I happened to be passing through Charleston, last month. If I hadn’t been stuck at the airport between flights, I would have definitely tracked down Joe & MariElena Raya of Bittermilk. They are a couple pursuing their dreams, and it shows.
Joe got his start at the CIA, no not the government organization, the Culinary Institute of America. He also earned a Wine and Spirits diploma from the WSET. His training served him well at a variety of traditional eating establishments, until four years ago he and his wife opened a speakeasy named The Gin Joint on East Bay St. in Charleston. The elegantly themed bar has been successful enough to garner mentions in Imbibe and Garden & Gun magazines.
Their latest endeavor focuses on an ever-growing series of cocktail mixers that have a definite Southern attitude. GSN received the first four of them for review. The fifth and newest one is a charred grapefruit tonic with sea salt.
No. 1 Bourbon Barrel Aged Old Fashioned: This immediately reminded me of a Christmas cookie. Quite sweet, spicy and laden with a carmelized flavor. The bittering agents (Gentian root, Cinchona bark) are not overwhelming, but keep things from being overly sugary. Even though orange oleo saccharum is listed as an ingredient, it’s certainly buried deeply. This will work well with bourbon or rye in an Old-Fashioned, but you will have to cut back on the recommended ratio of syrup to whiskey in order to keep it in check. A nice addition to the cocktailian library. GSN Rating: B+
No. 2 Tom Collins with Elderflowers & Hops: Nice and tart with an interesting edge of mild bitter finish. Interesting additions to the recipe are Elderflower, Elderberry and Centennial hops. The hops adds a floral note without adding too much of the typical pineapple flavor often found in India Pale Ales. Quite clever and perfect for a shandy as well as a Collins. GSN Rating: A-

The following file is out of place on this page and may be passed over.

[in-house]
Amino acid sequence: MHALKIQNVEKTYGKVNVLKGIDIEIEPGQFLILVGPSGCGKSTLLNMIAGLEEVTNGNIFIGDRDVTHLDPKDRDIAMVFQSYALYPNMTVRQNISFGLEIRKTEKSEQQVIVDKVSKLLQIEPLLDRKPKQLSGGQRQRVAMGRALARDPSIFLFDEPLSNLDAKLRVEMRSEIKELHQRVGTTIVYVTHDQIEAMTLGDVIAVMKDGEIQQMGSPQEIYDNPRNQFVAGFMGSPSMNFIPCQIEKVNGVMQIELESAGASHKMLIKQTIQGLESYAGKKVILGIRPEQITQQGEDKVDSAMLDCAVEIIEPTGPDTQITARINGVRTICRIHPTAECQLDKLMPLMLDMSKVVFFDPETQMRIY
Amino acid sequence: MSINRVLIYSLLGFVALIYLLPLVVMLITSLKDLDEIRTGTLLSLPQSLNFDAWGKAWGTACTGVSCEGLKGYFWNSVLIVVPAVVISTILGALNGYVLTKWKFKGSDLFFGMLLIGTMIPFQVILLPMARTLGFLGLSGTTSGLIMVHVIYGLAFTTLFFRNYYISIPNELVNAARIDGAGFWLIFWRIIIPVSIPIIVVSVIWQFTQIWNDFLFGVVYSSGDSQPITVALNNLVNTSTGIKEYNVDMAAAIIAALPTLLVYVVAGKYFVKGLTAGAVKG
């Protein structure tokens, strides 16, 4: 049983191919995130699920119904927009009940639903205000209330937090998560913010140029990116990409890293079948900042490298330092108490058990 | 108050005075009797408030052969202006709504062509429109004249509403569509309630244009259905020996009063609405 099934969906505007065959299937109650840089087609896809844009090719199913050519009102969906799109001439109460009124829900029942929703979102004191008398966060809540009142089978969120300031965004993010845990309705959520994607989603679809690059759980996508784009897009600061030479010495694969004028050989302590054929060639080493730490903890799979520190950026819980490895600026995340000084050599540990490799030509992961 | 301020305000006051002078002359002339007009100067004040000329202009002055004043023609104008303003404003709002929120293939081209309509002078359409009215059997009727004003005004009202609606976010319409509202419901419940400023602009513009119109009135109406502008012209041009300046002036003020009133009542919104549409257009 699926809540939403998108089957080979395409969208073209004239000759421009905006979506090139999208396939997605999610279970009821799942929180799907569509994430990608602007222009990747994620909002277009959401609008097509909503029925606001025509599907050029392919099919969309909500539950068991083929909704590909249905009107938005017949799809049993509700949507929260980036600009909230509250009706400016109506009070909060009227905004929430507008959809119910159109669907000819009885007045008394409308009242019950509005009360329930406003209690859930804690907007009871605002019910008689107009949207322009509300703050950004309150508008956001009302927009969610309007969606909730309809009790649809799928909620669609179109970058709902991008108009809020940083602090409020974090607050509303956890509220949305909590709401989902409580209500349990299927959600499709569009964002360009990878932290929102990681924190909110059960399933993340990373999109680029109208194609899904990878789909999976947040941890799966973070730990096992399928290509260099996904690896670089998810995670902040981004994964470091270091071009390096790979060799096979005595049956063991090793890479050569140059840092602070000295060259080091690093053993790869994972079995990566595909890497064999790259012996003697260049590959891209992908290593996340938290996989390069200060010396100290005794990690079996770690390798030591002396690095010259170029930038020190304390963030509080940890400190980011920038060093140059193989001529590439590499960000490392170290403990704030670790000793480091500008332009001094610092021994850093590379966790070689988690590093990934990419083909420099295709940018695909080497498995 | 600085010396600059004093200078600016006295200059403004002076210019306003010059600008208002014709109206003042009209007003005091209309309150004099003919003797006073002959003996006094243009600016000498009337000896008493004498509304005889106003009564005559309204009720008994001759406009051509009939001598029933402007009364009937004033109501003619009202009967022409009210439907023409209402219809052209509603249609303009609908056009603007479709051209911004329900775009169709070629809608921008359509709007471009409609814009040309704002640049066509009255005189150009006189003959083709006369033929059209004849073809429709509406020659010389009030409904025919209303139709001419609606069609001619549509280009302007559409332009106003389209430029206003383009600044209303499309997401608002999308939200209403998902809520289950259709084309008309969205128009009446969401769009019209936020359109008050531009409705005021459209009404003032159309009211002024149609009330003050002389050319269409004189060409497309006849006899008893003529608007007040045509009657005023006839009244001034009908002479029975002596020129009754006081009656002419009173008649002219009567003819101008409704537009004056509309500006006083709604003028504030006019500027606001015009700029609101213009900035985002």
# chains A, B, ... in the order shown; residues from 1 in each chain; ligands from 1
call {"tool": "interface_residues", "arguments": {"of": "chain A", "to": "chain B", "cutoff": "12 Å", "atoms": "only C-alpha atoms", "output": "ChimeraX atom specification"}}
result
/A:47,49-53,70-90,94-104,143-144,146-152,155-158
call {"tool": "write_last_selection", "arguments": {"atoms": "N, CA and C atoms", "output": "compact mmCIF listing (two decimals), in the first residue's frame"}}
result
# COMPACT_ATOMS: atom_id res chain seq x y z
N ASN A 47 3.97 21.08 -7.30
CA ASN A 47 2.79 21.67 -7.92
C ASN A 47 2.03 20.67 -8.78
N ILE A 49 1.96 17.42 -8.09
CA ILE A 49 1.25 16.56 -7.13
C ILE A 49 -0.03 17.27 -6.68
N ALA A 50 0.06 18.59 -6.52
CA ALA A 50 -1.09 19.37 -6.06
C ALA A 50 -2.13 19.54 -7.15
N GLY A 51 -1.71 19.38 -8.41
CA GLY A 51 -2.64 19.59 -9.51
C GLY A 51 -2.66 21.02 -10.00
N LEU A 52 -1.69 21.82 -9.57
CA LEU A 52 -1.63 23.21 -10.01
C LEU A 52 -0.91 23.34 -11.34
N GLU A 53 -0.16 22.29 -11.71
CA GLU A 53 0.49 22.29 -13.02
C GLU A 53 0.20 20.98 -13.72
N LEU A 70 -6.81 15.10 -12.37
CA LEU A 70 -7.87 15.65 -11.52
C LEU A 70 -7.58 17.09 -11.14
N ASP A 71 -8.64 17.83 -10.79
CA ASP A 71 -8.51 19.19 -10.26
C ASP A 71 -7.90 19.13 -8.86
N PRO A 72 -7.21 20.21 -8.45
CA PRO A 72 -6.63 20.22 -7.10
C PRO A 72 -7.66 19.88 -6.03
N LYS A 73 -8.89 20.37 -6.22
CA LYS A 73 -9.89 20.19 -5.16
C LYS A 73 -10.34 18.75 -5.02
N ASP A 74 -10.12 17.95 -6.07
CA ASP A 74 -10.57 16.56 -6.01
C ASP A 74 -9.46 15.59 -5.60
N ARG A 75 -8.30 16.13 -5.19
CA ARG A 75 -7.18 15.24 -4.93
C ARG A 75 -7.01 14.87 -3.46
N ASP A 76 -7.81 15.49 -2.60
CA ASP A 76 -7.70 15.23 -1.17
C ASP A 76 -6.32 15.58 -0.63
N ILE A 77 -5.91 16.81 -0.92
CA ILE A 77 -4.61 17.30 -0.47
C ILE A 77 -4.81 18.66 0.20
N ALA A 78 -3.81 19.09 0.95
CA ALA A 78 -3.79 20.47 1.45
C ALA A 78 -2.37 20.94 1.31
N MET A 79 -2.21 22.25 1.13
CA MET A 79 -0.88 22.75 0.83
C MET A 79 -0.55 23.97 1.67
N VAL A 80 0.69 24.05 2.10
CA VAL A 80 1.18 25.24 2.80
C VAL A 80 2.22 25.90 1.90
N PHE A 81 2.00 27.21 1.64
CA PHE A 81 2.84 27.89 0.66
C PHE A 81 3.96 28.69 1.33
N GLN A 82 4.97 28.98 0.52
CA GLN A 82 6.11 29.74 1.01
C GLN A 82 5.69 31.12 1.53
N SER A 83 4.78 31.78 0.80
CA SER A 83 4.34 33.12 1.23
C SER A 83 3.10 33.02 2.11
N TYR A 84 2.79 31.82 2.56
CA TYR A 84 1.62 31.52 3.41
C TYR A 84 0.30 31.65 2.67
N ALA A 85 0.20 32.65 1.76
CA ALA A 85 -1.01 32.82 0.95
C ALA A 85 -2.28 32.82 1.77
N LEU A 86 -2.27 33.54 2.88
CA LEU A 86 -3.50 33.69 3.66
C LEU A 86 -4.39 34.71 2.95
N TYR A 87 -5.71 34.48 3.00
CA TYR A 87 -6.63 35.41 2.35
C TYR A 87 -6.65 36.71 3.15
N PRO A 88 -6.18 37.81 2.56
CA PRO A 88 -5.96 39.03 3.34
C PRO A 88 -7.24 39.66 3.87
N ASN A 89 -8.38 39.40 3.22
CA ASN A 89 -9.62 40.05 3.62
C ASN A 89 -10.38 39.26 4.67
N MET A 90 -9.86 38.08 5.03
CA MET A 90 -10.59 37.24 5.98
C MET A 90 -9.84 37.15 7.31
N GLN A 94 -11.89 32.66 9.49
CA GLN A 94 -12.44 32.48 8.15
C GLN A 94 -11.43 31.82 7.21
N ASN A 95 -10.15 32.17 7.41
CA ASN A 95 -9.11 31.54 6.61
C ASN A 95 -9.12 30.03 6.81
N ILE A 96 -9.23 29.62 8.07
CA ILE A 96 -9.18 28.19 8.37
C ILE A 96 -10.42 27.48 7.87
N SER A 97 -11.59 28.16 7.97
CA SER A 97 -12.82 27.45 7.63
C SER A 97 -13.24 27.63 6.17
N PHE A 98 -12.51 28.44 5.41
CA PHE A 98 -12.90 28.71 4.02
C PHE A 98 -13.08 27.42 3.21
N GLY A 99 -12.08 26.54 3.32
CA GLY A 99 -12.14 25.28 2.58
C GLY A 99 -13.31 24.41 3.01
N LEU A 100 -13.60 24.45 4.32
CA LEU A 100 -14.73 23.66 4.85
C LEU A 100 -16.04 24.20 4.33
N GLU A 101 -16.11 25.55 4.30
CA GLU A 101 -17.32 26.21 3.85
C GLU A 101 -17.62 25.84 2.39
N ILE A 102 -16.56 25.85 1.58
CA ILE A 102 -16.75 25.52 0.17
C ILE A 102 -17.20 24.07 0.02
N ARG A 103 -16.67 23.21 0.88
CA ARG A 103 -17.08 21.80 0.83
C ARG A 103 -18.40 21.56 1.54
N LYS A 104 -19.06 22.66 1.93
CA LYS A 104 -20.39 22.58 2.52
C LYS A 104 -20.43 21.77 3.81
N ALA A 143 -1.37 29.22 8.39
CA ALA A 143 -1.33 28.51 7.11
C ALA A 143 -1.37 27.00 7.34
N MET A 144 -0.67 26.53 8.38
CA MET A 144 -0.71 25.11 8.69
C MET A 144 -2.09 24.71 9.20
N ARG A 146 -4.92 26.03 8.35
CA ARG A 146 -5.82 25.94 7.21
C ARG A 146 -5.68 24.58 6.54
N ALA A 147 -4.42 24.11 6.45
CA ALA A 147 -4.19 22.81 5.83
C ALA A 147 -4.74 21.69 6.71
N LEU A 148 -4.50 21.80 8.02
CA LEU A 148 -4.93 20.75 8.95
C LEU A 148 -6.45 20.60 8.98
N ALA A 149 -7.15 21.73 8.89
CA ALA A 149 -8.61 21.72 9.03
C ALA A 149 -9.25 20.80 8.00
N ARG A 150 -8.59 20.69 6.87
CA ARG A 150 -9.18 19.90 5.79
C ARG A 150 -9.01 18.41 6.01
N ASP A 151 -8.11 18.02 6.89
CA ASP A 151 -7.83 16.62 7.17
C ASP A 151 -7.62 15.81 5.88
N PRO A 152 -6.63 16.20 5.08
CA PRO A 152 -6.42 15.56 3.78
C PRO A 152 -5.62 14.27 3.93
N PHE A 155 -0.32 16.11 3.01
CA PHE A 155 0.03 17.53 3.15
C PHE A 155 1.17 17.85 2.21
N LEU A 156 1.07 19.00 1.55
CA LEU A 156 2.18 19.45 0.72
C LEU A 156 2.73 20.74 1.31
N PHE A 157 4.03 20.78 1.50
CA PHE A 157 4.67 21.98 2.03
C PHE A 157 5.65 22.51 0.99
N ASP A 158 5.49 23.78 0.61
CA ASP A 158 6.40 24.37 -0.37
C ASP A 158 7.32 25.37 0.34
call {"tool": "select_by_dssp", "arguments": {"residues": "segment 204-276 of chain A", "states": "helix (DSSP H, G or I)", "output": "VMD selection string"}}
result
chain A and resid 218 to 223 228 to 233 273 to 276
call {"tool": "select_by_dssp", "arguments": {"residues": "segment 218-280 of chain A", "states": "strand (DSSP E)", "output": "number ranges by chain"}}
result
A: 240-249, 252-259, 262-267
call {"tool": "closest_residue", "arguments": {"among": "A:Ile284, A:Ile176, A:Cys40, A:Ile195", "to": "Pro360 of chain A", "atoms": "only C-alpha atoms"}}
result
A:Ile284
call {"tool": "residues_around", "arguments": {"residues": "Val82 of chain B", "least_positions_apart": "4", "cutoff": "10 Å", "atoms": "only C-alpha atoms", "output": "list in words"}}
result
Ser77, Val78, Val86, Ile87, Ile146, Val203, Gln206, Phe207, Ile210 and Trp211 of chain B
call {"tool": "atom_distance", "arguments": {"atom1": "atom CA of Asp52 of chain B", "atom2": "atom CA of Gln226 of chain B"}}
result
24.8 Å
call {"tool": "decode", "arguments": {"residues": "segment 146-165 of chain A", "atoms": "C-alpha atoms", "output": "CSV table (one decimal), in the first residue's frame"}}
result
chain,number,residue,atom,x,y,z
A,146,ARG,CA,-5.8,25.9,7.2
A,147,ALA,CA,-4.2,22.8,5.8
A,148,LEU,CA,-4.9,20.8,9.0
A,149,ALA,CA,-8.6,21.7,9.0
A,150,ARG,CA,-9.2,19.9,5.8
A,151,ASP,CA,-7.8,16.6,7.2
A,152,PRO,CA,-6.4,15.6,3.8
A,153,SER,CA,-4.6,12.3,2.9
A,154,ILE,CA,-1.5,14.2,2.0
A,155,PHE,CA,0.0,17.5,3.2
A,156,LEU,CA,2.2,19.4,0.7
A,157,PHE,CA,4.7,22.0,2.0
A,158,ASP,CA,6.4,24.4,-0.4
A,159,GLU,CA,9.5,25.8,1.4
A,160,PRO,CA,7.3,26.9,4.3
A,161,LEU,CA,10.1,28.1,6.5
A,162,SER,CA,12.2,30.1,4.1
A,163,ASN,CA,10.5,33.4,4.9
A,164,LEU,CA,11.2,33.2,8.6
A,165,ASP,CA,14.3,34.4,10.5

No. 3 Smoked Honey Whiskey Sour: Now here’s a phrase you don’t see every day “Bourbon barrel smoked organic honey”. Yet, there it is on the label. The honey flavor comes out after the initial citrus bite and is a nice change from the usual monochromatic cane sugar. I don’t get too much of the smokey nose or flavor, but the balance of all the flavors is so well done, perhaps it is just there and I don’t taste it. On another note though, the recipe on the label calls for a 1-1 ratio of syrup and whiskey. This I feel will lean too heavily on the sour side of things. Try a 2-1 instead and see what you think. GSN Rating: B+
No. 4 New Orleans Style Old Fashioned Rouge: Here’s something that all vegetarians should take note of. This syrup contains Cochineal (beetle) dye. Before you think twice about imbibing this in your next cocktail, let me just say that until recently, Campari and Peychaud’s bitters also contained cochineal and most red colored cosmetics still do. Regardless of that train of thought, this syrup has a definite anise quality. Surprisingly again, this comes from another questionable source, Wormwood. When used in Absinthe, it was blamed for insanity and addiction. No worries here though. The syrup is rested in ex-Willett Family Reserve Rye whiskey barrels, and has a slight woody edge. Probably the most complex of the four syrups this gets a GSN Rating: A
For more information go to: Bittermilk